This leads into my next point—the utter amount of control my parents exercised over all of us offspring. Somewhere around the time I was eight or so, another homeschooling mother passed my mom Michael Pearl’s To Train Up a Child. This child rearing manual urges parents to see any disobedience as outright defiance and to see the parent-child relationship as oppositional. In fact, it goes so far as to instruct parents in how to break their children’s wills—and to threaten that those children whose wills are not broken will grow up to be miserable failures in life. This was all new to my parents, but once again, they took it in as gospel truth. Their homeschool friends all swore by the book, so it must be right—right?
The biggest thing I remember in all this was the utter rage of not being listened to. Back talk was not tolerated. In fact, any questioning of a parent’s word was out of the question. Obedience was to be immediate, complete, and without question. If it wasn’t, it was disobedience. Oh, and obedience was cheerful. Sour faces got us sent to our beds. Normal human emotions were curtailed. Dragging your feet? Complaining? Moping? A spanking, or a timeout, or a hundred sentences to write. You’re trying to explain your case? More swats, more time, more sentences. Shut your mouth, don’t talk back. Don’t question your parents. Obey.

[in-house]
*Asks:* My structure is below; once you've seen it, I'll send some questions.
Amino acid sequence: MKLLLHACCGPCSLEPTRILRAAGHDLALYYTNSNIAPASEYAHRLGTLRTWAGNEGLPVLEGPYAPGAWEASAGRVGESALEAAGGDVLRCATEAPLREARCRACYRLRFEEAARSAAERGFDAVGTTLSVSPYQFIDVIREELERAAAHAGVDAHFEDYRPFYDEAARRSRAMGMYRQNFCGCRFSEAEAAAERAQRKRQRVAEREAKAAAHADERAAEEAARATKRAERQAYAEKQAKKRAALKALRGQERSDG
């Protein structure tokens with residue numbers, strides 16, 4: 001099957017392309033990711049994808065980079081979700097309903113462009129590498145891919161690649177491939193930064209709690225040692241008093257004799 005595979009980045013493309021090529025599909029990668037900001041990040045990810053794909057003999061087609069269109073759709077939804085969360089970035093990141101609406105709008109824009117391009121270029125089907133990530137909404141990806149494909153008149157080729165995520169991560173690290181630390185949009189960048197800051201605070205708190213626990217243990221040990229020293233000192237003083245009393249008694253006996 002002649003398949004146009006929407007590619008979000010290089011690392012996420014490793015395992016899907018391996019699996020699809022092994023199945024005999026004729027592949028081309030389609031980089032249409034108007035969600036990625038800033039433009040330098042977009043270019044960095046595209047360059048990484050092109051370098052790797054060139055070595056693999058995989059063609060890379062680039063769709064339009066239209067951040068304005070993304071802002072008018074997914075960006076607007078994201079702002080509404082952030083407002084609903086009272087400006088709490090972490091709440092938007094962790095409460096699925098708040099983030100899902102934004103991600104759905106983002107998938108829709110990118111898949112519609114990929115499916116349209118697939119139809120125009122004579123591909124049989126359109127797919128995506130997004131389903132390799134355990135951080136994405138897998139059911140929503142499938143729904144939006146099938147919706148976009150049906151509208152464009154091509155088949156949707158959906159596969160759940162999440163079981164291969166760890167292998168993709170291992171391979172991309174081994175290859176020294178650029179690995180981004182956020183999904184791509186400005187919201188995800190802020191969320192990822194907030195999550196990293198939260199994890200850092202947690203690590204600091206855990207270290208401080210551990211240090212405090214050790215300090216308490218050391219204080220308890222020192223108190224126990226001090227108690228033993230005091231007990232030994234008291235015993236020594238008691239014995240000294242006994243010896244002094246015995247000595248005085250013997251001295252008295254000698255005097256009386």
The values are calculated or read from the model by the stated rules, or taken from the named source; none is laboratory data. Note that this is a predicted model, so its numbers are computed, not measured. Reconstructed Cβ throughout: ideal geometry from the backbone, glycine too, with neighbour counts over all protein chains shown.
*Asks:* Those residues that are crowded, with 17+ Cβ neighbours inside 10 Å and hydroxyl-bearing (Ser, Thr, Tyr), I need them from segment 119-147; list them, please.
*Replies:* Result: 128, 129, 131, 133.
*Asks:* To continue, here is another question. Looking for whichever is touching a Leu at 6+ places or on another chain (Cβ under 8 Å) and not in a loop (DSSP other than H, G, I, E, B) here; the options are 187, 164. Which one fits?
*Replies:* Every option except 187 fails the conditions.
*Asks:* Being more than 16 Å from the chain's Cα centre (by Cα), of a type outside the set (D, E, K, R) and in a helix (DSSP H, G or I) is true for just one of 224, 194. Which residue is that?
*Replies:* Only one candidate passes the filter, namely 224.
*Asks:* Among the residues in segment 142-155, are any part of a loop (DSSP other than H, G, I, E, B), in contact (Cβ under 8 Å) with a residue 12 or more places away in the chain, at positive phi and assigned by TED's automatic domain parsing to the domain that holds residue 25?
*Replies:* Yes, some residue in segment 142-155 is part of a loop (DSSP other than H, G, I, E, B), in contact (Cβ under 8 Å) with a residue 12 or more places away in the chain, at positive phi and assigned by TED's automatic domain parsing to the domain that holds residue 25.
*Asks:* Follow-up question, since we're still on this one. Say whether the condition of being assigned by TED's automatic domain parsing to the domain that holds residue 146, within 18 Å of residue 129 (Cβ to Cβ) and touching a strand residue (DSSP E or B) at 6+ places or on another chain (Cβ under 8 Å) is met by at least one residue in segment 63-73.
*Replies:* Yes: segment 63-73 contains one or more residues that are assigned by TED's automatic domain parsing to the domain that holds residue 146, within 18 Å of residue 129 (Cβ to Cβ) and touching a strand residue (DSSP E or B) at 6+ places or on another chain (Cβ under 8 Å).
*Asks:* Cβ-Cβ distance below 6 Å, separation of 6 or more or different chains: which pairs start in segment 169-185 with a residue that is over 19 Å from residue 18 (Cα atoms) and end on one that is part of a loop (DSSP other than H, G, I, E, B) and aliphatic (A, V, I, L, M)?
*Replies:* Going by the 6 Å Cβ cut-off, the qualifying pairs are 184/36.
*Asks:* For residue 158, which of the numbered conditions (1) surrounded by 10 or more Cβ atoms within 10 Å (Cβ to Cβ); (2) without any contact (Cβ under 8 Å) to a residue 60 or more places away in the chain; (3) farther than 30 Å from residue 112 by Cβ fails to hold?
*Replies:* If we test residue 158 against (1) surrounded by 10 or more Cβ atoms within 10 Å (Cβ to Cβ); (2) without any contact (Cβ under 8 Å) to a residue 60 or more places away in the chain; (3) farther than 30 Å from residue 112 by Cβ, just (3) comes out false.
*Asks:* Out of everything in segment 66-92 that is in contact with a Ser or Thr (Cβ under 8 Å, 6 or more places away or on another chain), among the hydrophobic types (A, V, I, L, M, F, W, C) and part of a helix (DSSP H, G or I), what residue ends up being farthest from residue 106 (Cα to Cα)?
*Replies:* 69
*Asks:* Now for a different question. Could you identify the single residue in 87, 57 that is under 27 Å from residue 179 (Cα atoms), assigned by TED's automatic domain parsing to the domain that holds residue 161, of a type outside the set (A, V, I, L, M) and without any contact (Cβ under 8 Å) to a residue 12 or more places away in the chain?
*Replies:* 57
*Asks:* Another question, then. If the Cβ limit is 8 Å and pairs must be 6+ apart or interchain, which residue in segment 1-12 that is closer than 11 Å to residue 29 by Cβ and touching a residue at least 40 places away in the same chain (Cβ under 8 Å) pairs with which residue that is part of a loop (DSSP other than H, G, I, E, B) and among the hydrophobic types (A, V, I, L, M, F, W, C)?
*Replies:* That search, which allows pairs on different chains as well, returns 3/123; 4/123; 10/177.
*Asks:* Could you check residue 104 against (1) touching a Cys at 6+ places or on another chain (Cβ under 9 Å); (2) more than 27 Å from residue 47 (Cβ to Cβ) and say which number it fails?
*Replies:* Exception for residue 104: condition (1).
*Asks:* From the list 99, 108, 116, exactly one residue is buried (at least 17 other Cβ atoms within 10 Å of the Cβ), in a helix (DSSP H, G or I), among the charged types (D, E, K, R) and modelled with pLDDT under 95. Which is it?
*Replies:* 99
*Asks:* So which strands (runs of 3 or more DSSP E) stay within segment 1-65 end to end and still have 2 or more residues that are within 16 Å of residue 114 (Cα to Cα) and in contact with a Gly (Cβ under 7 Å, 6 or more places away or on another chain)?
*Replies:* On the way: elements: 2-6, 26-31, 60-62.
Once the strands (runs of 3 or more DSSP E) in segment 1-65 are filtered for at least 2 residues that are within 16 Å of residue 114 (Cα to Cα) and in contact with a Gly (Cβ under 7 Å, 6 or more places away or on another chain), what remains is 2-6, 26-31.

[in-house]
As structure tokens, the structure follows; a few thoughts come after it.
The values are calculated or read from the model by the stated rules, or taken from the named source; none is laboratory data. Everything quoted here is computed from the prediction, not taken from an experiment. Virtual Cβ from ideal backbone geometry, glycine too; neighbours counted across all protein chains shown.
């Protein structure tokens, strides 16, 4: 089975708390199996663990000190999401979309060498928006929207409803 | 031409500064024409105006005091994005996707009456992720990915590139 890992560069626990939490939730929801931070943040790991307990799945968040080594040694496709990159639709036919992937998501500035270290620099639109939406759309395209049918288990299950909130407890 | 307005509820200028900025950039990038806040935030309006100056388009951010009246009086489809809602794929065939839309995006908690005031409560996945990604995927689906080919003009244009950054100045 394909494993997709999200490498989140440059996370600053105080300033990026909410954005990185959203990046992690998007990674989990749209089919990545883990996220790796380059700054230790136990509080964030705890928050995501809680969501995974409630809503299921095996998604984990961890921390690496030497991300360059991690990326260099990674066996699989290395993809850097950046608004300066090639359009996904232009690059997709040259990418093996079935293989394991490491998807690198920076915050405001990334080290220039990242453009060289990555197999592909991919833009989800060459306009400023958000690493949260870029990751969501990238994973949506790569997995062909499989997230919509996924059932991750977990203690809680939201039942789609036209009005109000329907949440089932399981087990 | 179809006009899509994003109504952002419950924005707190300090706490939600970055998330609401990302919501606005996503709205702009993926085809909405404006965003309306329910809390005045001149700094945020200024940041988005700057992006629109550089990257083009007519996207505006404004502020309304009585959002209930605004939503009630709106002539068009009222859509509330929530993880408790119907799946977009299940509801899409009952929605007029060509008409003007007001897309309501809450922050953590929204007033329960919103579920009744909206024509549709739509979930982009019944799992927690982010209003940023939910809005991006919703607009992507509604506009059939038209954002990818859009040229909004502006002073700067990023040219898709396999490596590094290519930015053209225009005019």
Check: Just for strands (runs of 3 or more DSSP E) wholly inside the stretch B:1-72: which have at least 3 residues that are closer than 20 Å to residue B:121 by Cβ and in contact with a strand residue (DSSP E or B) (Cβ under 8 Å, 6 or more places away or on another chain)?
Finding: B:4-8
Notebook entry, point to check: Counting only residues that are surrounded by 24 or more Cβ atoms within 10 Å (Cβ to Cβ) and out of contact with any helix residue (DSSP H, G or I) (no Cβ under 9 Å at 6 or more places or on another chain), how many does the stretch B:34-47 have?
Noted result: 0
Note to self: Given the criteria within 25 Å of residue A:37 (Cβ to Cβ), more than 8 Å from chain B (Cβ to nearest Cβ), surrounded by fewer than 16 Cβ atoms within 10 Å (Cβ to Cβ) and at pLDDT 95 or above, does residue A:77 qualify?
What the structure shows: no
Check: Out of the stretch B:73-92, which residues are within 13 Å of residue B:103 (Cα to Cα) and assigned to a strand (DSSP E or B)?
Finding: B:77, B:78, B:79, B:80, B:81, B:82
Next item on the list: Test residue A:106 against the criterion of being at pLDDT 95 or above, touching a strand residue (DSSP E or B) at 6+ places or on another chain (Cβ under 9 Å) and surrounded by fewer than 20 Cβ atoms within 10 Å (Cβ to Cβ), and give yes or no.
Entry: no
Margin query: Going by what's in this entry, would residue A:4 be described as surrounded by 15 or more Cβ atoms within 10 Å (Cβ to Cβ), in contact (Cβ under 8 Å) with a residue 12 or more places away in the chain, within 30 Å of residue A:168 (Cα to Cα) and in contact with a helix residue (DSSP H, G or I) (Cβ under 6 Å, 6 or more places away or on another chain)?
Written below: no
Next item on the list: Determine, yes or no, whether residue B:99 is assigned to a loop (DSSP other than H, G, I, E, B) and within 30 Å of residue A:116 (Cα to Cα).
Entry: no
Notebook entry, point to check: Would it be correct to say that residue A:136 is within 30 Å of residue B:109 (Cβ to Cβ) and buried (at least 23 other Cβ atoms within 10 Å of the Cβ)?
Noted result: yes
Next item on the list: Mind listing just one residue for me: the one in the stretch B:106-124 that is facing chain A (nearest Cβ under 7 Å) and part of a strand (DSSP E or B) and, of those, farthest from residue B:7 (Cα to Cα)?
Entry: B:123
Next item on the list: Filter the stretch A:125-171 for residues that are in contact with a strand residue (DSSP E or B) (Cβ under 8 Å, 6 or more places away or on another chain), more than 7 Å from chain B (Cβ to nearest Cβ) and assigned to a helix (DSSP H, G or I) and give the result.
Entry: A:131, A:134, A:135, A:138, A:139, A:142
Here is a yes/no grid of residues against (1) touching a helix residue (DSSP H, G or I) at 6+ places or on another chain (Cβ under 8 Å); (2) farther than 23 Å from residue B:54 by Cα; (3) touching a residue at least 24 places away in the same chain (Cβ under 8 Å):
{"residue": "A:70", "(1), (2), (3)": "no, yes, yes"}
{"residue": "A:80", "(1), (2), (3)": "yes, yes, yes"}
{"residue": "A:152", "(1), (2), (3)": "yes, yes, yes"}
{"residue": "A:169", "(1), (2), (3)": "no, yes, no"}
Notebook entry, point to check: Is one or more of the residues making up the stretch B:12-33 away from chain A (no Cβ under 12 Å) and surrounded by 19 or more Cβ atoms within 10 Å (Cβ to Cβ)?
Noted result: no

During my teenage years my parents adopted another line fed them by the homeschool movement—that the concept of “teenager” was a modern invention, and contrary to God’s plan for the family. Rebellion was unnatural, and not to be allowed. Questioning was frowned on, and quickly answered with emotional manipulation—the dense fog of disapproval was enough to make the strongest of us buckle and give in. Further, during our teenage years we were expected to bear the responsibility and workload of an adult, but without being given the freedoms of an adult. It was like being two years old, and thirty, in a fifteen year old body. Where we went, who we were friends with, what music we listened to, and what books we read—all was still carefully monitored and controlled. And being homeschooled meant we could never get away. We were smothered under all of it.
But there was more. At a homeschool convention my parents came in contact with the marketing and literature of Vision Forum, a group whose influence has become pervasive in many homeschooling circles. Their literature is passed from homeschool mom to homeschool mom and their speakers get top billing at the main homeschool conventions. Their message is a patriarchal family order that encompasses not just husband and wife but children as well—especially daughters. Words like courtship became commonplace, and the idea that fathers should help their daughters pick their future spouses suddenly became natural. Dating was quickly off the table completely, and we awkward homeschooled teenagers eyed each other warily from across the debate table or co-op room. The idea that you could control and direct your own love life? Unthinkable. Absurd.